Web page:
As a result of these strategies specific combinations of enviromnental and steering concepts were activated. The policy-making process in de Gelderse Vallei began in the context of reflexive steering. The choice for a deliberation and negotiation model was one of the last possibilities for the ministries and the province of Gelderland to overcome an administrative impasse. The Vallei- project was then reduced to its agro-environmental dimension by national and regional governments. Problems such as acidification, eutrophication and the spatial problems related to agriculture were strongly emphasized. All environmental discourses were activated in the broad and general goals. By honouring every sectoral interest at the beginning of the project, opportunities were created to integrate sectoral policy in a regional context.
In the Vallei-project a new planning and organizational structure was created, consisting of the Valleicommissie , supported by a Coordination Commission and a Project Commission and charged with designing a plan of intervention. The plan is based on an analysis of four sectors (agriculture, environment, nature and landscape and other functions), while from the beginning promising concrete projects are implemented. The indirect goal of the project is to create 'win-win-situations' and to realize 'package-deals. This means that every participant must win something that compares favourably with the present situation and that the final plan must be accepted as one compromise.
In Chapter 9 the policy-making process in de Gelderse Vallei is analyzed. This process was greatly influenced by the steering concept reflexive steering and, to a lesser degree by the environmental concepts used. Strategies and steering concepts were the boundary conditions for activating environmental concepts and resources such as scientific research. The environmental vision of actors at the beginning of the project did not change much during the policy making process. In other words enviromnental concepts influenced the kind of problems and solutions which actors supported, the role of definitions of problems and possible solutions were, however, structured by steering concepts and resources. Secondly, problems, solutions and legitimation were not separate phases in the policy-making process. Thirdly, as a result of the steering approach, a global policy plan was presented, which aimed at a process of economic and spatial restructuring. The most important elements of this process were segregation of nature and agriculture and a reorganization of agricultural production. By formulating a global plan, however, with a strong emphasize on the voluntary principal important choices are passed on to the implementation phase. Another problem with this kind of integrated region-oriented policy are the opportunities made available for public comment.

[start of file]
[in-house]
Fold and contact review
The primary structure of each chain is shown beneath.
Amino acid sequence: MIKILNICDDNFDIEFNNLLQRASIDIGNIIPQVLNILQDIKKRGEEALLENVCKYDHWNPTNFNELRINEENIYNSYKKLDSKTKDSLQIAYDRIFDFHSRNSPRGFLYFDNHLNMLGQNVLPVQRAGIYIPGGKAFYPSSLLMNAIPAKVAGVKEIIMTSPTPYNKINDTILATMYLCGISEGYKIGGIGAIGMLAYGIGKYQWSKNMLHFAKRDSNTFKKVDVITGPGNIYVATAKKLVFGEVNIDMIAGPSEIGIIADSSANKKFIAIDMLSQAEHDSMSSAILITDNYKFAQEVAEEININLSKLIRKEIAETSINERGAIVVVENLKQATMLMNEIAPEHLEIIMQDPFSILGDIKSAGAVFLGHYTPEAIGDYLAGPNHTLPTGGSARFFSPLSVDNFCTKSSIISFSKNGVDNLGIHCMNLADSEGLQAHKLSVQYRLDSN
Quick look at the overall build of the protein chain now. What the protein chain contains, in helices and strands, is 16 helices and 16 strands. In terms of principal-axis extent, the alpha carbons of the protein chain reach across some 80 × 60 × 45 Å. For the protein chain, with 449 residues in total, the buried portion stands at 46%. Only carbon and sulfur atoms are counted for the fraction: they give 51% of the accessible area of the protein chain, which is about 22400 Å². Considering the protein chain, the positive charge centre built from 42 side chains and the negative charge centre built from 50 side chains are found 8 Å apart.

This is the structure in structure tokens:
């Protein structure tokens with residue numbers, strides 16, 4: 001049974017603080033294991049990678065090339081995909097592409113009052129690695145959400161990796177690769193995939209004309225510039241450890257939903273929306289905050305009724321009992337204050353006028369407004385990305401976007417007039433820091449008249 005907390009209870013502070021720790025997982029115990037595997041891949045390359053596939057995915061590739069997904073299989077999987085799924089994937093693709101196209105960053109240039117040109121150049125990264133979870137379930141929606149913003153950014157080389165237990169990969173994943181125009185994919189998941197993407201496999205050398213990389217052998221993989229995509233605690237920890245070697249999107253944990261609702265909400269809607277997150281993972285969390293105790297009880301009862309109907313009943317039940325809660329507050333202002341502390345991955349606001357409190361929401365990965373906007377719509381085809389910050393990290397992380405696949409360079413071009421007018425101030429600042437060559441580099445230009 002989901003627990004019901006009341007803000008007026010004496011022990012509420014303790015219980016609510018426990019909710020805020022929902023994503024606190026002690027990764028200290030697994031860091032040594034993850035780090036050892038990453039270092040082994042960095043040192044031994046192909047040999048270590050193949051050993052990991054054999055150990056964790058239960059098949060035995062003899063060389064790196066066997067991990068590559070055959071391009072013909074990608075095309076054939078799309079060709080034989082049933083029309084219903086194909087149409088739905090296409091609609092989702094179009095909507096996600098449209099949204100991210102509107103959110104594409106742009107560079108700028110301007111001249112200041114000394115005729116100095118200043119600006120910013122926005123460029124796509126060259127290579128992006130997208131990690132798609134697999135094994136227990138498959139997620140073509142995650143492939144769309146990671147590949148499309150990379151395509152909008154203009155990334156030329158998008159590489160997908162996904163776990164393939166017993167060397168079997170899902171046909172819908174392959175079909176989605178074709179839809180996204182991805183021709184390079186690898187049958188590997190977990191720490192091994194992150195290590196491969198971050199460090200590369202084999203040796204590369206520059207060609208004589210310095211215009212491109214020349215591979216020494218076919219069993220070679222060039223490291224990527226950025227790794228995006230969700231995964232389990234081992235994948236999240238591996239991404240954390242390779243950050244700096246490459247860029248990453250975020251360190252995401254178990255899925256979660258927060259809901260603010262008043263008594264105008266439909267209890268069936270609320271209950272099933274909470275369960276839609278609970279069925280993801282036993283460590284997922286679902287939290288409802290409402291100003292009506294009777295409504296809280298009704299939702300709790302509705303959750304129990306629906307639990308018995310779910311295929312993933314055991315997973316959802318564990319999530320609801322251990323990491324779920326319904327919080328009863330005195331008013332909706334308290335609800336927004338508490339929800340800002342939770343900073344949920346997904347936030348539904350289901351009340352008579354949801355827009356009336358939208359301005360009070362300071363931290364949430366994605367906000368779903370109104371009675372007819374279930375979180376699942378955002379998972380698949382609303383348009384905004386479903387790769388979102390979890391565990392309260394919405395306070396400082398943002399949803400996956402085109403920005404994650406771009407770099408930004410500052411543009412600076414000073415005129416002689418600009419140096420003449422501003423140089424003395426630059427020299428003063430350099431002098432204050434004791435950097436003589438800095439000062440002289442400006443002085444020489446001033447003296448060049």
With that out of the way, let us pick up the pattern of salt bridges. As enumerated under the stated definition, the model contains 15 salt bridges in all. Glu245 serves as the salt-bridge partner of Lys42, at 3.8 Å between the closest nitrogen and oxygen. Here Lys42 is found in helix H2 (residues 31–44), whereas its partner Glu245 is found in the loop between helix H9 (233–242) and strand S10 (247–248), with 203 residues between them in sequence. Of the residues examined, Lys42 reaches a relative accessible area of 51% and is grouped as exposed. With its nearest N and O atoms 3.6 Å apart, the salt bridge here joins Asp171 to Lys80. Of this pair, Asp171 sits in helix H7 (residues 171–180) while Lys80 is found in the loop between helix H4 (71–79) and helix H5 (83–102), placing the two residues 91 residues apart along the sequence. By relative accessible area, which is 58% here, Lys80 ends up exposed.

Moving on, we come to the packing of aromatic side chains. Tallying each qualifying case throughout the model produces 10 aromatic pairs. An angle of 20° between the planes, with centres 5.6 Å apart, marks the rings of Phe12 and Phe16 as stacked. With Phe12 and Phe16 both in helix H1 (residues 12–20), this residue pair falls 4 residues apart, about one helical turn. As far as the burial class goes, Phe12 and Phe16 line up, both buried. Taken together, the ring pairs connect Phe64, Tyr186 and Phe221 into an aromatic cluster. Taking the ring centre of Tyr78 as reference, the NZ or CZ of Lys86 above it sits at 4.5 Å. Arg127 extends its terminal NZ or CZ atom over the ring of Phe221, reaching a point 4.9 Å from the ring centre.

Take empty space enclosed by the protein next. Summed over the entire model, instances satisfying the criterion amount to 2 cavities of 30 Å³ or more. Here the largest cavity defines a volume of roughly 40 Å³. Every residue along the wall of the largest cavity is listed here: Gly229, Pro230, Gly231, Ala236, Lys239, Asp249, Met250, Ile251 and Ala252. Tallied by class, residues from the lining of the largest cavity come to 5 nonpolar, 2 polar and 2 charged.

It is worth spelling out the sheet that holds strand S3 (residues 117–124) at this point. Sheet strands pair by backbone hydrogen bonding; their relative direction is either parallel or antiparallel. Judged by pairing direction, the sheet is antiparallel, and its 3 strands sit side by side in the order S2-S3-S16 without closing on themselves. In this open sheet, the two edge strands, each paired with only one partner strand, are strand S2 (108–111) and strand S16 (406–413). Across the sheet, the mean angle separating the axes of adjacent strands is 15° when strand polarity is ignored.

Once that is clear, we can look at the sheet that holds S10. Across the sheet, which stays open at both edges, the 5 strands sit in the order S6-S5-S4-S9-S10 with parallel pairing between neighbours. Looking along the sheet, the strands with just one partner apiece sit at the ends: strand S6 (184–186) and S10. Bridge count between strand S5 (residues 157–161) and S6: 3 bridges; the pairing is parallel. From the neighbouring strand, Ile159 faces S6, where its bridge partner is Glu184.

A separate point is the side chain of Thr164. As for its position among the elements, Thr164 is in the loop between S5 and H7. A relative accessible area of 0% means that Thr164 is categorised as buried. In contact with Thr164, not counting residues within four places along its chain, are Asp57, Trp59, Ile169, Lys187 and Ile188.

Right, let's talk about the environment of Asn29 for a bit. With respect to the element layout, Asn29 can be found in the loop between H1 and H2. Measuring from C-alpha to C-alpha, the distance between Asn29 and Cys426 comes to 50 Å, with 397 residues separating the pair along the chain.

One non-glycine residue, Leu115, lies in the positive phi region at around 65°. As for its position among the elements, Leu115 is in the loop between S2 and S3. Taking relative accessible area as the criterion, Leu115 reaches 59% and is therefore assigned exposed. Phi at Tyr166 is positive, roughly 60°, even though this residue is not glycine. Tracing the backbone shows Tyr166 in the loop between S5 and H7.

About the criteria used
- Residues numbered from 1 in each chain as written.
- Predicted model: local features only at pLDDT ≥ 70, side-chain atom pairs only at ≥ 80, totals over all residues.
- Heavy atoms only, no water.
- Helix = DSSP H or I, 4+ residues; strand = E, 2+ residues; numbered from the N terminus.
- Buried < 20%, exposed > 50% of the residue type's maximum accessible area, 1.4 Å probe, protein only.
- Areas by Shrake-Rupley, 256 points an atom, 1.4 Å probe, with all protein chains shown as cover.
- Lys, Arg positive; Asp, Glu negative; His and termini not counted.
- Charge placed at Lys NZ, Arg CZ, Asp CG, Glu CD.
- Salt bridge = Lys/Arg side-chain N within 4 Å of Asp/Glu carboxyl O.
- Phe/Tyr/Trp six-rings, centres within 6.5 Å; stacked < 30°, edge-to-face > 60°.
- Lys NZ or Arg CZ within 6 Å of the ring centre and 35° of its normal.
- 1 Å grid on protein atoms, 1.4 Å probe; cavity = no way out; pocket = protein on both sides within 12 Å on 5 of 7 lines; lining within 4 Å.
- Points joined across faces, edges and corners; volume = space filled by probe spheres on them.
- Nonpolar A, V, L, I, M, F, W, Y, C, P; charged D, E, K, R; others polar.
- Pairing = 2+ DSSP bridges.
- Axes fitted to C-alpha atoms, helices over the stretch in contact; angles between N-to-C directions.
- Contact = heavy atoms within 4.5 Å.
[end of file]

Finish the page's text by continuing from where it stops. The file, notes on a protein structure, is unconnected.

Although criticism can be made, the policy-making process in the Gelderse Vallei shows some interesting and unexpected effects, such as the formulation of a common frame of reference by the Ministries of Environment and Agriculture,. renewed discussions on the Ecological Directive and the Verplaatsingsbesluit and the formulation of a plan by such divers actors as the different levels of government, agriculture and environmental groups.
|Qualification||Doctor of Philosophy|
|Award date||17 Dec 1993|
|Place of Publication||S.l.|
|Publication status||Published - 1993|
- government policy
- environmental policy
- environmental legislation
- air pollution
- soil pollution
- water pollution
- nature conservation
- gelderse vallei